As nature climbs up the political agenda, how can researchers better engage with policy on biodiversity?
Researchers from The University of Oxford’s School of Geography and the Environment, Jasper Montana, Rosaria, Trisha Gopalakrishna and E. A. Welden, explore how academics can help inform policy on biodiversity.
In recent years, there has been a step-change in attention to biodiversity as a political priority for governments, businesses, and civil society worldwide. Biodiversity now commands headline news with reports that 1 million species are at risk of extinction; a rise in pandemics is being driven by deforestation and species extinction; and that economic growth premised on the overuse of natural resources threatens the lives of future generations. There is a sign that global policy communities are becoming increasingly aware of the entanglements between humanity and the natural world and the need for concerted action to stem the degradation of the biosphere.
Internationally, the United Nations Convention on Biological Diversity is working towards agreeing a Post-2020 Global Biodiversity Framework to be negotiated in Kunming, China, in the year ahead. Domestically, the UK Government has set out their 25-year Environment Plan and is in the process of finalising new rules on everything from waste management to water quality in the Environment Bill.
Academics have an important role to play in informing and scrutinising these developments, providing the input of knowledge from research, to support evidence-informed policy.
But, what are the realities of policy engagement as an academic working on biodiversity? And, what might need to be done differently or better?
These questions motivated the development of a series of three seminars and a workshop in early Summer 2021, which brought together academics from across the Oxford Biodiversity Network to share their experience working with policymakers. So, what did we find?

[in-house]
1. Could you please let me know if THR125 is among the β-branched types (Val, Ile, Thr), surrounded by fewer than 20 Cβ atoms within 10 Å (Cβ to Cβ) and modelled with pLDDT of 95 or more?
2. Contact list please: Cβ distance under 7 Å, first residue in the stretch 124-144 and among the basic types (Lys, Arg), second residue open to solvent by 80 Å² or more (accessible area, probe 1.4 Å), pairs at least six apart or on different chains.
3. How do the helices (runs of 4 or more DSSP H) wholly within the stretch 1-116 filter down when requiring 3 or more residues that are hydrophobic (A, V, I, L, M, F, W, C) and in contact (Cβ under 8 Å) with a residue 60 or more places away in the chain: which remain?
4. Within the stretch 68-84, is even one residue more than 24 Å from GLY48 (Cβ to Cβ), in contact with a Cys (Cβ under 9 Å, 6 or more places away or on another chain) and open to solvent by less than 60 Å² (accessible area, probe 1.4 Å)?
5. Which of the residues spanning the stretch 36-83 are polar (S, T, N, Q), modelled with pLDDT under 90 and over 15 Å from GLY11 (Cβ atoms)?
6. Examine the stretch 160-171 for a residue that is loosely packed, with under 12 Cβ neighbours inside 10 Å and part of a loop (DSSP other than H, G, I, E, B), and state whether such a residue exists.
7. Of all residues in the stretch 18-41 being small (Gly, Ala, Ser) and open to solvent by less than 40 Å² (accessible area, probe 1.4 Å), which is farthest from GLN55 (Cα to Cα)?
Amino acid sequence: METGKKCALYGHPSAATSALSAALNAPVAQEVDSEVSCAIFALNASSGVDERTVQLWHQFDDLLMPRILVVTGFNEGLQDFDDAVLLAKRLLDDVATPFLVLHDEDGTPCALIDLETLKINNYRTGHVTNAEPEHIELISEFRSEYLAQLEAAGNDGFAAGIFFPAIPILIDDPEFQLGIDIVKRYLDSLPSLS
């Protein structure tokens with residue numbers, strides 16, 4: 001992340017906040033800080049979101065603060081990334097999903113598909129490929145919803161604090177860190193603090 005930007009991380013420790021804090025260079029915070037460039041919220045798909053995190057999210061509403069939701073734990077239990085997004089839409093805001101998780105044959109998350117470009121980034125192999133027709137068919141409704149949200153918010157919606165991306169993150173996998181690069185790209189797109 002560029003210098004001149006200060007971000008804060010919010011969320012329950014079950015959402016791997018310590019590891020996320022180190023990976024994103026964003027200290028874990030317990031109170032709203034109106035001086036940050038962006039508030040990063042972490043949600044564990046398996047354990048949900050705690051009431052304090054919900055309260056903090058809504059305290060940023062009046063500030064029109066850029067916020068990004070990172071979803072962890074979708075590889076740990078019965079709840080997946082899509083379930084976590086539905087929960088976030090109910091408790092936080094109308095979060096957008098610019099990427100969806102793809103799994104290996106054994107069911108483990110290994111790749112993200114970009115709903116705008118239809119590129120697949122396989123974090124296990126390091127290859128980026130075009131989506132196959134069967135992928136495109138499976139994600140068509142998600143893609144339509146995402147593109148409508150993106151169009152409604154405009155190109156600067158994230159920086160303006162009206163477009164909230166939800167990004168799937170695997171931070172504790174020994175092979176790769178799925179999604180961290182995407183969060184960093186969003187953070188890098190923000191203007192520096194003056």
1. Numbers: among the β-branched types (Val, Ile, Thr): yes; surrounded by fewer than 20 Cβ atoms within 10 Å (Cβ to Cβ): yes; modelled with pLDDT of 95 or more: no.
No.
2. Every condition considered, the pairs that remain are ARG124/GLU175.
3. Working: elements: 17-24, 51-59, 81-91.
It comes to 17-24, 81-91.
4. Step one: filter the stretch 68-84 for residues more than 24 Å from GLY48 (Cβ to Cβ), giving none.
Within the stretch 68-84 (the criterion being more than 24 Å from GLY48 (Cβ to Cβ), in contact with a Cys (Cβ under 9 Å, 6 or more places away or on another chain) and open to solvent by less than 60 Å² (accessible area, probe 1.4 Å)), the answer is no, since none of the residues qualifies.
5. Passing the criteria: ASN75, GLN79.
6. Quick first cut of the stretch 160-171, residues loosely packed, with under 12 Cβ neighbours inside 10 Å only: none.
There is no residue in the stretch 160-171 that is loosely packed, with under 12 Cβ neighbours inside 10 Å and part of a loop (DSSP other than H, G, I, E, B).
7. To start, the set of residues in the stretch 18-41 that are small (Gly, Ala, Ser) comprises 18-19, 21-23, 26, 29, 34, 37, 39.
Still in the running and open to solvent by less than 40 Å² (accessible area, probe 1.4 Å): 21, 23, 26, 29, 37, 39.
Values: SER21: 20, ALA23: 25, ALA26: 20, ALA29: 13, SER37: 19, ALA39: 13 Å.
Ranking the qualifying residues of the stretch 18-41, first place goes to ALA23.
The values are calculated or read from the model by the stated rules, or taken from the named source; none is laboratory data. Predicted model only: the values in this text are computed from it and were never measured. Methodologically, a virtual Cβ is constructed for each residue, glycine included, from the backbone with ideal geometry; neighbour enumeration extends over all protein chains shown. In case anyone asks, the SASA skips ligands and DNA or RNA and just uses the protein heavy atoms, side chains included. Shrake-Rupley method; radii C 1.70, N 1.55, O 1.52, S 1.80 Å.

Why should researchers engage with biodiversity-related policy?
Policy engagement in general terms can be hugely beneficial for academics at any career stage. Panellists agreed that policy engagement can help academics to greatly improve the impact of their research and contribute to broader societal goals. There were particular benefits noted for early career researchers (ECRs), with policy engagement offering exposure to alternative career paths and helping to improve key communication skills. More broadly, policy engagement can help academics widen their networks and lead to potential collaborations and avenues of funding.
Policy engagement on biodiversity can take many forms – largely because policy for biodiversity is so multifaceted. Policies impacting biodiversity are made at multiple scales, from local to global, and typically cut across many policy domains, from food systems to urban planning. At its most basic, we can think of biodiversity-related policy as being any principle-based commitment by governments that impact on biodiversity, and the mechanisms (i.e. policy instruments) for achieving those commitments. In the UK, these could be commitments to farming supported by agri-environment schemes that pay farmers to plant bee-friendly habitat in their fields; or at the international level, the agreement of targets in the Convention on Biological Diversity with subsequent investment in local management plans to protect species and habitats.
For more information on what biodiversity-related policy is, and what policy engagement might look like at different levels, see Primer 1: ‘Biodiversity-related policy and why academics might engage with it’ or watch this brief introductory video.
How can biodiversity-related researchers engage with policymakers?
Discussions during the seminars shows that there are a range of formal and informal opportunities for policy engagement, both in the UK and internationally.
At the UK level, policy engagement might look like the experience of Dr. Alison Smith, who worked with Oxfordshire County Council and Cherwell District Council (CDC) to map natural capital and ecosystem services across the county in order to inform decision-making. This collaboration was funded by an Oxford Policy Engagement Network fellowship, which supports Oxford-based researchers that are passionate about public policy to work with policymakers to identify and explore mutual interests.